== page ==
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Mon, Jun 16, 2008
AsiaOne
Clean-up of Johor Straits to begin in September
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JOHOR BARU, MALAYSIA: One of the biggest operations to clean up the heavily polluted Johor Straits will begin when construction of the proposed RM2.7 billion Lido Boulevard starts here in September.

The developer of the mega waterfront project, Central Malaysian Properties Sdn Bhd (CMP), has secured full environmental impact assessment (EIA) approvals to spearhead building works.

It will involve plans to improve water quality and check pollution in the straits.

A hydrology study in 2002, commissioned by Gerbang Perdana, builder of the scrapped bridge to replace the Causeway, found Johor Straits to be heavily polluted with heavy metals, sewage and leachate.

The pollutants, accumulated over the years, were trapped on both sides of the 88-year-old Causeway, making the straits the most polluted waterway in the country.

"The Lido Boulevard project will completely rehabilitate a major stretch of Lido beach," said CMP managing director Datuk Chan Tien Ghee.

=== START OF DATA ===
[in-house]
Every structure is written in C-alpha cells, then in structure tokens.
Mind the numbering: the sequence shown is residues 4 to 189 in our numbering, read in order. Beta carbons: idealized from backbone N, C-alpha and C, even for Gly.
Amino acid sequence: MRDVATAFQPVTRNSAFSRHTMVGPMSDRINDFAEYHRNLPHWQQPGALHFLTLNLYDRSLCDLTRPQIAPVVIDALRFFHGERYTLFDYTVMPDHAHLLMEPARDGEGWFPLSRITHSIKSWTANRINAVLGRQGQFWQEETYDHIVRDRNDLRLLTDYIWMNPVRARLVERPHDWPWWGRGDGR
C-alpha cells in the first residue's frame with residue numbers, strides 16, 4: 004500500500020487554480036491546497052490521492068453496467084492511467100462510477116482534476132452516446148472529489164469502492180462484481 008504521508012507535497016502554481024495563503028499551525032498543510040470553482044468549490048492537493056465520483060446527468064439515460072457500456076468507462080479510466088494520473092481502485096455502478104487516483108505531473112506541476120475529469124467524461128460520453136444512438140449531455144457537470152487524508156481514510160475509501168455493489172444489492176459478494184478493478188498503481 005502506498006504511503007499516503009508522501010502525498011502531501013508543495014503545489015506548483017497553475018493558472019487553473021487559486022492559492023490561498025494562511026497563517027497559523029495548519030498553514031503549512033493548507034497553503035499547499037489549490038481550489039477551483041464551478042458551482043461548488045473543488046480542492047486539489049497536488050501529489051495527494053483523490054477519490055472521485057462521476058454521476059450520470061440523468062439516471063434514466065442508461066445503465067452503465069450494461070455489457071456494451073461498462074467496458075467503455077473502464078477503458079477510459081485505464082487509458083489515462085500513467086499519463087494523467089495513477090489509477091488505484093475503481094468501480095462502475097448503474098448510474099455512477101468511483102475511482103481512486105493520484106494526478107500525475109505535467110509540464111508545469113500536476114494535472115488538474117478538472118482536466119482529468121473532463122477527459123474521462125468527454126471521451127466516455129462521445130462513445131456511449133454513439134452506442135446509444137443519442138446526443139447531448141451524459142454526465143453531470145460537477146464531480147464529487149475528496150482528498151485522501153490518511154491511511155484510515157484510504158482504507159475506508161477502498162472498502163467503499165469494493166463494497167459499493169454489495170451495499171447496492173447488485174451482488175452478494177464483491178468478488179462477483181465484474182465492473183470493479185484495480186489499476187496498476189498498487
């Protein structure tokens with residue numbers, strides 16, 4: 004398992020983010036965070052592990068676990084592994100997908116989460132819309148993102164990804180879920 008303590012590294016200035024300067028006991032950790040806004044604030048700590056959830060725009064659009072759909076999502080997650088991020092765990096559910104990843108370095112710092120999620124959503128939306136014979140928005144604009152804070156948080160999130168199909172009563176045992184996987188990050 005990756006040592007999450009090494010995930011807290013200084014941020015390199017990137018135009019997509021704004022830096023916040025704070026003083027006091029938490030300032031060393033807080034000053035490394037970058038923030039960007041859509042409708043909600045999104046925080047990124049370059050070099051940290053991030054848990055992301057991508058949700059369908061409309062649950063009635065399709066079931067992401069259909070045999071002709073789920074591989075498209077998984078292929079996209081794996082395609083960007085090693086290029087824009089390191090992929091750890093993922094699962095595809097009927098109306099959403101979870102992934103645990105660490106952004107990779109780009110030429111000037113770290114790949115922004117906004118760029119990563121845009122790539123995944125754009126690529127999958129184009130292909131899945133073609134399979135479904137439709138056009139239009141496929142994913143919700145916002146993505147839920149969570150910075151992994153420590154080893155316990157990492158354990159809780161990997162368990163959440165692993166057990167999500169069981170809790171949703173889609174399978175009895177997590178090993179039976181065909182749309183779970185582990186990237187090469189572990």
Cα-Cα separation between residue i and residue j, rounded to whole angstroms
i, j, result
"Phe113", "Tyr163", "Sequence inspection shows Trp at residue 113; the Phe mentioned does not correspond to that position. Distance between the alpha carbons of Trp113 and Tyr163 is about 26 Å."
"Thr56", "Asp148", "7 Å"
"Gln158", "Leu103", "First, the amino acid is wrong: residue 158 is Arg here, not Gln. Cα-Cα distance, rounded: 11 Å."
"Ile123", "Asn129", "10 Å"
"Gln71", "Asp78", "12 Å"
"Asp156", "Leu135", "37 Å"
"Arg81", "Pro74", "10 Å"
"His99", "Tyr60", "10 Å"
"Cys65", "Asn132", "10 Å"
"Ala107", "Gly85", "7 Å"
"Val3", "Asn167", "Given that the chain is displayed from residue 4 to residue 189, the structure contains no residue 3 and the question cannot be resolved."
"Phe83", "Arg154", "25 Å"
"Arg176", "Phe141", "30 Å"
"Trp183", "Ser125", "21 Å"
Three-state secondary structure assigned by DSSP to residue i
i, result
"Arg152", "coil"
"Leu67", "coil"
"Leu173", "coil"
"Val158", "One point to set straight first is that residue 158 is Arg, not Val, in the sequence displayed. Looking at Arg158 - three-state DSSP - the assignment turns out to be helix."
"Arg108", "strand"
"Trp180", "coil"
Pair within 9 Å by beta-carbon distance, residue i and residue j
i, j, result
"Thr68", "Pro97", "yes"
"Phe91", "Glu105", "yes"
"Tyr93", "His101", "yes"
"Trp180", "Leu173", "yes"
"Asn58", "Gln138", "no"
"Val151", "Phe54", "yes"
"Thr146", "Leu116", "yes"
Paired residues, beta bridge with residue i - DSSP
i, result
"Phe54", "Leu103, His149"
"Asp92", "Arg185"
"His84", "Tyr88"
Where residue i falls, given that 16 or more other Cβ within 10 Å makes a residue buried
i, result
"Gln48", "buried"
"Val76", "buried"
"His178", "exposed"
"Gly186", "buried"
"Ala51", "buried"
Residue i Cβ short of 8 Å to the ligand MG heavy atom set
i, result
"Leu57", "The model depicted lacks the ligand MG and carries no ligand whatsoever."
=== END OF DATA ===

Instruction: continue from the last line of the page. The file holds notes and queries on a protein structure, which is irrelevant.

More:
He said the environmental protection and mitigation efforts, expected to cost millions of ringgit, would include opening two blocked culverts under the Causeway to release the "dead water" in the straits.

CMP will also erect a massive silt curtain and sand bund to trap discharged sediment.

Sophisticated devices will also be installed at strategic spots along the project site during the pre-construction stage to monitor soil movement, noise, air and water quality.

Lido Boulevard, an integrated residential-cum-commercial development, will be built on reclaimed land at a 2.4km stretch of Lido beach.

The 49.3ha privatisation project is a joint venture between State Secretary Incorporated (a Johor government investment company), the Johor government and CMP.

The project is one of the biggest private finance initiatives to date within the Iskandar development region.

When developed, the project has the potential to change the Johor Baru skyline and raise the city's profile internationally.

Chan said CMP would strictly adhere to the EIA conditions to protect marine life, the coastal environment and the livelihood of fishermen.

"We will put in place an emergency response plan and an environmental management plan to deal with any environmental issues.

"We've also set up a humanitarian and environmental fund to address any social and environmental issues arising from this development."

The fund will be administered by an independent board of trustees.
 

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